For each book, from both the children's and adult sections, the title, author, DDC call number, and number of pages were recorded along with the presence or absence of the following access features: table of contents, index, glossary, sources/works consulted/bibliography, footnotes/endnotes, and suggestions for further research (includes printed works and websites). For the children's books, the number of entries within indexes and glossaries were also tabulated. For the purposes of this study, an index was defined as a listing of topics accompanied by page numbers to be used by the reader to efficiently access information from the text. A glossary was defined as a listing of vocabulary words found within the text along with their meanings. A glossary might also include page numbers to access the information within the text, although this was not its primary purpose. Any listed bibliography could also be taken by the reader as a Suggestions for Further Reading list, particularly in the adult section where there is usually no question of the reader's literacy abilities. This study treated only those access features marked specifically with "Further Reading" or "More Information..." or some other similar signifier as Suggestions for Further Reading, and the rest as bibliographies, even in the case of annotated bibliographies, which some works provided.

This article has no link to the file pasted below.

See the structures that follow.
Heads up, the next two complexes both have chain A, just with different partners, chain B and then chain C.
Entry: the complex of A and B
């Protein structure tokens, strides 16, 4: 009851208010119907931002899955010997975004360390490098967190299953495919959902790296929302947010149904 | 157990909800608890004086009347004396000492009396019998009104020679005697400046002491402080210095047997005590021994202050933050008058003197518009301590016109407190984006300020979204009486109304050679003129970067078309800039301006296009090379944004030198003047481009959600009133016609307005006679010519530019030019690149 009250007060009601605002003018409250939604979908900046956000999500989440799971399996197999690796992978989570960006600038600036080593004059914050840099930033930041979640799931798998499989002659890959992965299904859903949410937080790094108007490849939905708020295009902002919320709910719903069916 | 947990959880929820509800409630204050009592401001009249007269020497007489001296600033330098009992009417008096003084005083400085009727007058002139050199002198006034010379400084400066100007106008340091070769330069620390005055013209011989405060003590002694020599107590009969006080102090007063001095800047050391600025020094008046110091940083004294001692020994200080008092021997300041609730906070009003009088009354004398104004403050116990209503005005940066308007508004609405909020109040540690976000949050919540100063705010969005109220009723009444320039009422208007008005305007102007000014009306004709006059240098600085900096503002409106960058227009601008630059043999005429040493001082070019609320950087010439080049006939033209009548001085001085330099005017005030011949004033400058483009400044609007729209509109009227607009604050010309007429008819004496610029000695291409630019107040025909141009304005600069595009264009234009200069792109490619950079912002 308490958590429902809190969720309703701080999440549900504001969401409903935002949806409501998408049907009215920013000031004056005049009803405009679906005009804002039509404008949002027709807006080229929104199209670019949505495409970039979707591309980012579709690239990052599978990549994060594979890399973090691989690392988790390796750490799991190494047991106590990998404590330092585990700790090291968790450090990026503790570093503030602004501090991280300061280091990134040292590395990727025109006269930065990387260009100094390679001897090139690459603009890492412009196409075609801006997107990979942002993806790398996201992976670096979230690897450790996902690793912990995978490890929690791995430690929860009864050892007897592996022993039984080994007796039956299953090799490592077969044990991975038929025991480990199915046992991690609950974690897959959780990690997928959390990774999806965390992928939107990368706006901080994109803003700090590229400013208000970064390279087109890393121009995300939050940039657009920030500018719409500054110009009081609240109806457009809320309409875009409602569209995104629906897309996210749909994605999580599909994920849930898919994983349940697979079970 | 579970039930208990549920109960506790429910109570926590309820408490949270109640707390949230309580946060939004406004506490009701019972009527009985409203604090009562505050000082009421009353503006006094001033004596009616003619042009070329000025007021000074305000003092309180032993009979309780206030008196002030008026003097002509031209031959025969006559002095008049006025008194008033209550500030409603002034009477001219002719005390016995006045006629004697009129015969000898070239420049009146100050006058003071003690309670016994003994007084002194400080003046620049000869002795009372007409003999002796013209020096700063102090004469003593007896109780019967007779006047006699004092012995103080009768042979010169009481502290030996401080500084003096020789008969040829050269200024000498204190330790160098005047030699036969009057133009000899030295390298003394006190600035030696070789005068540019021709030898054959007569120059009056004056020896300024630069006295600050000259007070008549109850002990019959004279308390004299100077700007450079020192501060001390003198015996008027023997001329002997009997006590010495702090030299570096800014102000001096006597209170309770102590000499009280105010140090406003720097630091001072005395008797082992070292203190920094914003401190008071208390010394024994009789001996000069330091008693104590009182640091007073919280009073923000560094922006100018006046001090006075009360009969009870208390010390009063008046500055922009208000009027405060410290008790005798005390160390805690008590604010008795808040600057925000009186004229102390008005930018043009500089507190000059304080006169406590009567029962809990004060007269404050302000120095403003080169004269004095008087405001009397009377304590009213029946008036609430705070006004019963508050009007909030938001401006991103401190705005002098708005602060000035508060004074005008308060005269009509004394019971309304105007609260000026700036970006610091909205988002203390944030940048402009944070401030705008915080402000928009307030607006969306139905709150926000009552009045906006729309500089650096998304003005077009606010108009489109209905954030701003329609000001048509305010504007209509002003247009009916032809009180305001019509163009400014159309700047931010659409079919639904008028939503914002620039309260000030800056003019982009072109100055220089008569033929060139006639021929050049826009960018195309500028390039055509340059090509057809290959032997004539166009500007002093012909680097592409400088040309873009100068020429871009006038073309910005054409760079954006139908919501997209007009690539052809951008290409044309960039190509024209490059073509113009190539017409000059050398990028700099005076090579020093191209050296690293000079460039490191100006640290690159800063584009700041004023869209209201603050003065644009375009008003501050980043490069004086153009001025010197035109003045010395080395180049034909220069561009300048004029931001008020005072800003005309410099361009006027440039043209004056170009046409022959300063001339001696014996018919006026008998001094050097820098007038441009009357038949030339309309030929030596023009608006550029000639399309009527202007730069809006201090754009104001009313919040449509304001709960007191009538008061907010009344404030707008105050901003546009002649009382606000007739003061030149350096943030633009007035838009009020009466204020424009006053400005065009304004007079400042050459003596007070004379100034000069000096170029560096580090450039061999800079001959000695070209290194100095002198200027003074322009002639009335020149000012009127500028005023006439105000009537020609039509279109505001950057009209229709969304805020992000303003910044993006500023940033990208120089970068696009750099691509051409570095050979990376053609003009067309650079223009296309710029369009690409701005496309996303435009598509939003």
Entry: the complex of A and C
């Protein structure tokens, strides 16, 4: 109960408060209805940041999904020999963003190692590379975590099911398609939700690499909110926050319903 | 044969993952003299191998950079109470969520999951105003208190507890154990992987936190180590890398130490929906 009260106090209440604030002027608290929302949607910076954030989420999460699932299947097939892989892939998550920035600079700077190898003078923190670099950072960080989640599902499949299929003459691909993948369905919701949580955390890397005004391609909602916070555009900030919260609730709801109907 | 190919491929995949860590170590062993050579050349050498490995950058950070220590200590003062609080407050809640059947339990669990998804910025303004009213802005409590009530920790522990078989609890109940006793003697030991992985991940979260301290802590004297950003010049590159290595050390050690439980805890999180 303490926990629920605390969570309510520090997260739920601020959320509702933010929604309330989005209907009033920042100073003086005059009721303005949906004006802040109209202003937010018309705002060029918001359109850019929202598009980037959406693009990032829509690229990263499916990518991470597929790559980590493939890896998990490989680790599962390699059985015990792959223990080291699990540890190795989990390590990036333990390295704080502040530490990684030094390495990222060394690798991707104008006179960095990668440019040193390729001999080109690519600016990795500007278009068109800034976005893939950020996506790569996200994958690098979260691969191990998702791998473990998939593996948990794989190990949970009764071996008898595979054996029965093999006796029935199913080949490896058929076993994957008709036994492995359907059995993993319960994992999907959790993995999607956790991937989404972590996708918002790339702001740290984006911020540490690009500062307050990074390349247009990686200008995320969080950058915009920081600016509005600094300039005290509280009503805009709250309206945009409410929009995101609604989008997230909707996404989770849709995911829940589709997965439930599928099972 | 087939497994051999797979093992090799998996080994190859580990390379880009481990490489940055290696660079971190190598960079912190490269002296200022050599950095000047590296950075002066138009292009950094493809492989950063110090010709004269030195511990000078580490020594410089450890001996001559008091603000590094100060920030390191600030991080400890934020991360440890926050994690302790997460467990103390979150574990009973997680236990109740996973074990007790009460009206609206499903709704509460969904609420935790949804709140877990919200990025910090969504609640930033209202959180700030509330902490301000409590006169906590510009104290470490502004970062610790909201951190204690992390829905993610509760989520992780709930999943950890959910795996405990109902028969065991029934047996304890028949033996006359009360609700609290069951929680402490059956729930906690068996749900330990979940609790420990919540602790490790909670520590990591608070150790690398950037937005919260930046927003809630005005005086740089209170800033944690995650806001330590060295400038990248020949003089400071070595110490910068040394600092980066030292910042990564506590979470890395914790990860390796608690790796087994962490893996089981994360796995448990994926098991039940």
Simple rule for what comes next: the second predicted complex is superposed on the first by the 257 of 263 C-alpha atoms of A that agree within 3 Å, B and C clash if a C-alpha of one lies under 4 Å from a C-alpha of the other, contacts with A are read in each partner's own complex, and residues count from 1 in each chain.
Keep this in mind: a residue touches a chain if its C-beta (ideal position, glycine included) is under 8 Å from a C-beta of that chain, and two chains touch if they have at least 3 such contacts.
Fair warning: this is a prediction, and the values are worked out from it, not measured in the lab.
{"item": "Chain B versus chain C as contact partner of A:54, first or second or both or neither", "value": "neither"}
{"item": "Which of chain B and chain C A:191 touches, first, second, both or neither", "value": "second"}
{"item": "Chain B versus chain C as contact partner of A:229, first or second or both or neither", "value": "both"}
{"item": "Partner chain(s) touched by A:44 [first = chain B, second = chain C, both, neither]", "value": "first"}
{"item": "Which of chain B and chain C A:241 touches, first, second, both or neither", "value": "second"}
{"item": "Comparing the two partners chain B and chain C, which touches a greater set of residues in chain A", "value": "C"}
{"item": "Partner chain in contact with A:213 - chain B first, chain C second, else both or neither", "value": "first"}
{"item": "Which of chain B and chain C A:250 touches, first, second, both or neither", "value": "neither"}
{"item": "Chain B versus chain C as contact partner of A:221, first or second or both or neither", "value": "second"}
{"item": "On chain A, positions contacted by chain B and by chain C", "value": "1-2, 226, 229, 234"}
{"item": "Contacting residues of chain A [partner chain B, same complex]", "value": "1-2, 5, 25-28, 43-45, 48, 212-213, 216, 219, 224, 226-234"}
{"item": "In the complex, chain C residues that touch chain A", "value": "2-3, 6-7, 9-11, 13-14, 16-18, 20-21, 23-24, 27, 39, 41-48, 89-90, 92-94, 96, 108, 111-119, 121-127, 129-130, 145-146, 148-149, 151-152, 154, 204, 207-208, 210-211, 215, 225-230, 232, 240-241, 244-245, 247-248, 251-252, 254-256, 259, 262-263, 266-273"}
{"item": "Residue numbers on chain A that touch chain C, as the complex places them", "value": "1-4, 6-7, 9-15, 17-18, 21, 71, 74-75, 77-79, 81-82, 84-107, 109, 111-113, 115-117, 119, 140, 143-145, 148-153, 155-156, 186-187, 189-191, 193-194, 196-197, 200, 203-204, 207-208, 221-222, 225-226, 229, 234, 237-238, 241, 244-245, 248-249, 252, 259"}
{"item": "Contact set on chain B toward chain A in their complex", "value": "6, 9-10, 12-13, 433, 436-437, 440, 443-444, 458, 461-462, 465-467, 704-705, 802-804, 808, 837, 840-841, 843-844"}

After the data collection, the percent inclusion of all the above access features were calculated for each DDC class in both the children's and adult sections. Figures were also obtained on the thoroughness of children's non-fiction book indexes and glossaries by averaging their number of entries over page numbers, since shorter books will undoubtedly lead to sparser subject matter and vocabulary words in the access features.